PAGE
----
Photo Credits: AGGIE FILE
Wildfire evacuations and poor air quality threaten to increase the severity of COVID-19 during wildfire season
On Aug. 16, multiple early-morning lightning strikes sparked the LNU Lightning Complex fires in two locations in Northern California. The Eastern location, named the Hennessy fire, has threatened parts of Napa and Solano Counties, as well as the city of Vacaville.
Vacaville declared a state of emergency after some residents were forced to evacuate and roughly 4,500 homes were threatened.
The emergency declaration reads, “As a result of the size and speed of fire movement, during the late night and early morning hours of August 18 – 19, 2020 the LNU Fires moved perilously close to the City limits and residential areas of the City of Vacaville and became an immediate threat to the City […].”
All evacuation orders in the city of Vacaville were lifted by Aug. 24.
As of Aug. 26, the LNU Lightning Complex fires were 33% contained and had burned over 350,000 acres. In a press conference, Cal Fire Sonoma-Lake-Napa Unit Chief Shana Jones offered gratitude for everyone helping the state address the wildfires.
“All of the resources in the state of California are working incredibly hard,” Jones said. “We’ve gotten so much support from outside of the area, outside of the state […] I just want to say thank you to everyone—including those that are supporting our evacuees, our communities to provide them with help for getting back into their homes.”
The lightning storms also started the SCU Lightning Complex fires near San Jose, which has burned over 365,000 acres and is 25% contained.
Assistant Adjunct Professor of Atmospheric Science Matthew Igel explained the processes that led to the summer lightning storms that sparked both the LNU and SCU Lightning Complex fires.
“It was an uncommon set of events that resulted in the lightning,” Igel said. “We’ve had this very strong heatwave for the last couple of weeks, and then we got moisture from the tropics—which is pretty rare in California during the summer. The very warm air mask from the heatwave coupled with the moisture from the tropics led to lightning and thunderstorms.”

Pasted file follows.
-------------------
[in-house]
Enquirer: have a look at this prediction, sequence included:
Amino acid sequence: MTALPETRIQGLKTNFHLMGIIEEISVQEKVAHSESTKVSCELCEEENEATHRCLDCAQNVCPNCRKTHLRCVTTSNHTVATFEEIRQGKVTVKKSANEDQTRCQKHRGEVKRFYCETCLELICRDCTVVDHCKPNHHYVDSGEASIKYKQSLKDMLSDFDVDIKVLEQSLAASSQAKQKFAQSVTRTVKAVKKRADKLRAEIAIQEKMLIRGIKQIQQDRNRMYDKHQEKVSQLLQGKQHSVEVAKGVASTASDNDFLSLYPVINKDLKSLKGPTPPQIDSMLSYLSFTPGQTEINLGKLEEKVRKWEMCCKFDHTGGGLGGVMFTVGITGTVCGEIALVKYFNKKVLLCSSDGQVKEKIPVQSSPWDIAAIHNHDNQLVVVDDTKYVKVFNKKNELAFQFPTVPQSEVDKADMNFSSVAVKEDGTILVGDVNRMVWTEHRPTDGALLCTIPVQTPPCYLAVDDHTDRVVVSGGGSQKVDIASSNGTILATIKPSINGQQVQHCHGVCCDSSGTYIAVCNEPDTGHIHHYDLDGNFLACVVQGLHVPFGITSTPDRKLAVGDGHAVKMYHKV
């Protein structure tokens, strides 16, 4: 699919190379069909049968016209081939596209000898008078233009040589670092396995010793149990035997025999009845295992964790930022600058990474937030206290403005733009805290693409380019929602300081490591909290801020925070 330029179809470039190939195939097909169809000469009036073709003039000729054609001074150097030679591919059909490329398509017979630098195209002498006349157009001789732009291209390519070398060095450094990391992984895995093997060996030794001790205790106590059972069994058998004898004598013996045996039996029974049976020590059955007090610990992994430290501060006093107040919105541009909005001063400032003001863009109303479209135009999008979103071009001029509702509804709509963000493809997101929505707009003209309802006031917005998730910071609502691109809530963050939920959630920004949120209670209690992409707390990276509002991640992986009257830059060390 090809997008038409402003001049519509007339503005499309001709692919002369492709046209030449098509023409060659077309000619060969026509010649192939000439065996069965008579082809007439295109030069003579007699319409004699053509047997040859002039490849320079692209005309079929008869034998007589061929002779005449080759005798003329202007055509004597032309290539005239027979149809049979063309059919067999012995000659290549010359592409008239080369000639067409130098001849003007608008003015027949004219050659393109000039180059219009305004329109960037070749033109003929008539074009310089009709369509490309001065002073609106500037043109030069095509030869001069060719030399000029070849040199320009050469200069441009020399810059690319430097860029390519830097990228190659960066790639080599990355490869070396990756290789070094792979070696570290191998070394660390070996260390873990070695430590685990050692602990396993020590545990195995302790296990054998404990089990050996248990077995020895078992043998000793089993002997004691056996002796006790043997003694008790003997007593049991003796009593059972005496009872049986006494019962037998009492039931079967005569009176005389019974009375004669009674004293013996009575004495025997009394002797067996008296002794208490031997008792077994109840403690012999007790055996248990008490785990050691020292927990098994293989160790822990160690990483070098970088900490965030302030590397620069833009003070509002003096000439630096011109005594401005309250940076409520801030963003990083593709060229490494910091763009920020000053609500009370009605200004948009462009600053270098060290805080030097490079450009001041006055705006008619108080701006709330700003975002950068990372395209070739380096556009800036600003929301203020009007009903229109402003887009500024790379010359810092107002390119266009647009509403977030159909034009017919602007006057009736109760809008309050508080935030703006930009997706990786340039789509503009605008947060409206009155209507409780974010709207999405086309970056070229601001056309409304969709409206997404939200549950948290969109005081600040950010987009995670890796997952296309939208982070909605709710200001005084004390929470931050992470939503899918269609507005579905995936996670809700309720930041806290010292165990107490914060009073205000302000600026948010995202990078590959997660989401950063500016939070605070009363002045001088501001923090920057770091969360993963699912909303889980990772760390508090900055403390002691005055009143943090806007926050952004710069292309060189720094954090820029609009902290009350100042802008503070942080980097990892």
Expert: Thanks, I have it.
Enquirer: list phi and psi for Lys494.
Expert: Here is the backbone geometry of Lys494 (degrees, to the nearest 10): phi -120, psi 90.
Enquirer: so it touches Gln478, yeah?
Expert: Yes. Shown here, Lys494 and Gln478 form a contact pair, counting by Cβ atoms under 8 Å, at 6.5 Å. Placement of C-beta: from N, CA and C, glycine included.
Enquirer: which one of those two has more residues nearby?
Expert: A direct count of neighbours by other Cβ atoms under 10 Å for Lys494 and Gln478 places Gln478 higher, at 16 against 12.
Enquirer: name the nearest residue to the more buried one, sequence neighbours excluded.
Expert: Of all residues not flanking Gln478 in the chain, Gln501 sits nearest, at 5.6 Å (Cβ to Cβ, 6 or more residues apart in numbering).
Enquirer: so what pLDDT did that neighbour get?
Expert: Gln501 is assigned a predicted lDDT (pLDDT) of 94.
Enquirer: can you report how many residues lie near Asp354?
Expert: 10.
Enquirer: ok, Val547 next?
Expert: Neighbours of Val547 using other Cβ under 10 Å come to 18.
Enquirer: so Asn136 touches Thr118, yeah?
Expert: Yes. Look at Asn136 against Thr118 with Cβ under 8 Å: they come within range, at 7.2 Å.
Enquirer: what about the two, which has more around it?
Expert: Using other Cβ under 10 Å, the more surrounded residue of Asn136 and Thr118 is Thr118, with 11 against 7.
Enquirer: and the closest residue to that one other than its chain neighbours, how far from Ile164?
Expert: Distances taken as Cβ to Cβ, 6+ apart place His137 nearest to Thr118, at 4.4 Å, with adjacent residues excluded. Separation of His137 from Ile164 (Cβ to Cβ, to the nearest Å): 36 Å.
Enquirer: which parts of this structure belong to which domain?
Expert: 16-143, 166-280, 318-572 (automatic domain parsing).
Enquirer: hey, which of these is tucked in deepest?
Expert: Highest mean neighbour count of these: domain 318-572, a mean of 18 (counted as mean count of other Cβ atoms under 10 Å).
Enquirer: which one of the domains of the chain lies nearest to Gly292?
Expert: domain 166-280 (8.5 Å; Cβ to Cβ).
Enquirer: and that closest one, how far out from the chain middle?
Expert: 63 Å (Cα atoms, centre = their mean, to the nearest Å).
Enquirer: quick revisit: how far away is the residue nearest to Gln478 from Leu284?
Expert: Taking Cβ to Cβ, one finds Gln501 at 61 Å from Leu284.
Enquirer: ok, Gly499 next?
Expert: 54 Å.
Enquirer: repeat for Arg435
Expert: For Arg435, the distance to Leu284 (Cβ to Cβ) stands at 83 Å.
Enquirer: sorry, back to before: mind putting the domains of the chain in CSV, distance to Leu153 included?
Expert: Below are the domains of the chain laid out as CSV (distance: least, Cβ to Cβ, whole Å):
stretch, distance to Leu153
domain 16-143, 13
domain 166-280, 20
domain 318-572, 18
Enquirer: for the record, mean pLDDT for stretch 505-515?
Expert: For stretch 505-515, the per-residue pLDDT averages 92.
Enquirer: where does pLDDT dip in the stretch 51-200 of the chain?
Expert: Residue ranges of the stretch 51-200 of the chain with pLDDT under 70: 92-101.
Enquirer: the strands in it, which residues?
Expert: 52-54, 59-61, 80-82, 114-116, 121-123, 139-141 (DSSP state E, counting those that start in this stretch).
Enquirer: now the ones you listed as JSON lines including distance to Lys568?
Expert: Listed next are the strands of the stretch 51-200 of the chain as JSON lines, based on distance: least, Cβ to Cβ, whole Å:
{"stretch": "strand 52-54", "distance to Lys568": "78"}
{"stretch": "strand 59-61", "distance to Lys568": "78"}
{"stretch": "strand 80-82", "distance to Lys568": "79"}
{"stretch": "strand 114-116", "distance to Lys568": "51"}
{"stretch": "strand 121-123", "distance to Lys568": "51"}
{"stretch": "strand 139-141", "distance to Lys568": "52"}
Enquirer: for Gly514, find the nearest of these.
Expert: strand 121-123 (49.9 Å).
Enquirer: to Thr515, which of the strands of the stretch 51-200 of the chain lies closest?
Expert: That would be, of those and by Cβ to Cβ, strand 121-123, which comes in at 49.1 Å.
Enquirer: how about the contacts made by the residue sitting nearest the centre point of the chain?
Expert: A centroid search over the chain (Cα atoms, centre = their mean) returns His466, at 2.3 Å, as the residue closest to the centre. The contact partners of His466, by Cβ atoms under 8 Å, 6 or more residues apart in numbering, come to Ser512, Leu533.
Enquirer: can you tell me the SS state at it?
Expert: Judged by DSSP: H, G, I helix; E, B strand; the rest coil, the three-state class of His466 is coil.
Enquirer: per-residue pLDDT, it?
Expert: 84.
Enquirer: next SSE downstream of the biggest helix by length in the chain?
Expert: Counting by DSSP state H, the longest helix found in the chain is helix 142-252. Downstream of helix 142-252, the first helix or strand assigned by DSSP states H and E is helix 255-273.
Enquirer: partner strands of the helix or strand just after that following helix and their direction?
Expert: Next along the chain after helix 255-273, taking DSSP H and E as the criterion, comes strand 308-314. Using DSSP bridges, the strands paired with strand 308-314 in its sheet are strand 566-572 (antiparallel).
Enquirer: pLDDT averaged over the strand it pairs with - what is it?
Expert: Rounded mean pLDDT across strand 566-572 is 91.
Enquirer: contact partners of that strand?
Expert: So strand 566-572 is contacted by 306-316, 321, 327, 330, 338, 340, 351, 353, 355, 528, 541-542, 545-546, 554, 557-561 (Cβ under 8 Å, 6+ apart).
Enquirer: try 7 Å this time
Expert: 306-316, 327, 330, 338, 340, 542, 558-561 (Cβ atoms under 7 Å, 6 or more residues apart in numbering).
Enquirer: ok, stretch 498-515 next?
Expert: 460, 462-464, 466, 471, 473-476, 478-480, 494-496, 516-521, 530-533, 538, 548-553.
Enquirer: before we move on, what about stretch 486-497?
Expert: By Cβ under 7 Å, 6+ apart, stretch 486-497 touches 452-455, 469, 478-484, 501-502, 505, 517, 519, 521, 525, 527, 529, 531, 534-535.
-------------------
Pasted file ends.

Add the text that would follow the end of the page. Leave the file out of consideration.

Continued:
Wildfires also pose a unique threat this year due to the COVID-19 pandemic. Both smoke inhalation and crowded evacuation centers could contribute to the spread of the disease.
Because of the fires in Northern California, air quality in the Sacramento area has suffered. Spokesperson for the Sac Metro Air District Jamie Arno explained that the masks mandated because of COVID-19 don’t block smoke, so staying indoors is the best way to protect your health.
“Smoke is unhealthy to breathe,” Arno said. “If you smell smoke, you want to go indoors or to another location. The cloth and surgical masks that we’re using for COVID are not effective when it comes to protecting the body from particulate matter air pollution.”
The CDC explains that inhalation of smoke from wildfires damages the lungs, potentially increasing the severity of COVID-19 symptoms.
“Exposure to air pollutants in wildfire smoke can irritate the lungs, cause inflammation, alter immune function, and increase susceptibility to respiratory infections, likely including COVID-19,” its website reads.
UC Davis Associate Professor of Regional Climate Modeling Paul Ullrich explained that, in the event of a wildfire evacuation, maintaining social distancing might not be the highest priority.
“Inevitably, evacuated folks will find themselves indoors with many conditions which will have the potential to drive infections up,” Ullrich said. “People are going to wear masks, but once your home has been burned down, COVID precautions seem like they would take a backseat.”
Arno expects unhealthy air quality to remain until the fires are mostly extinguished or wind patterns change.
“We need to get a status change on the fires—they need to be more under control and produce less smoke,” Arno said. “Or, we need to get a new weather pattern in the region to clean things out. Until one or both of those happen, we expect to continue to have this poor air quality.”
Ulrich stressed that there could likely be more fires during peak wildfire season, which ranges from May to October.
“I fully expect us to continue suffering from continued wildfires throughout the season,” Ullrich said. “Even in those areas that haven’t been burned already, we’re seeing incredibly dry conditions. They’re prime for the occurrence of wildfires—any spark could set some of these areas ablaze.”
Written by: Eden Winniford –– firstname.lastname@example.org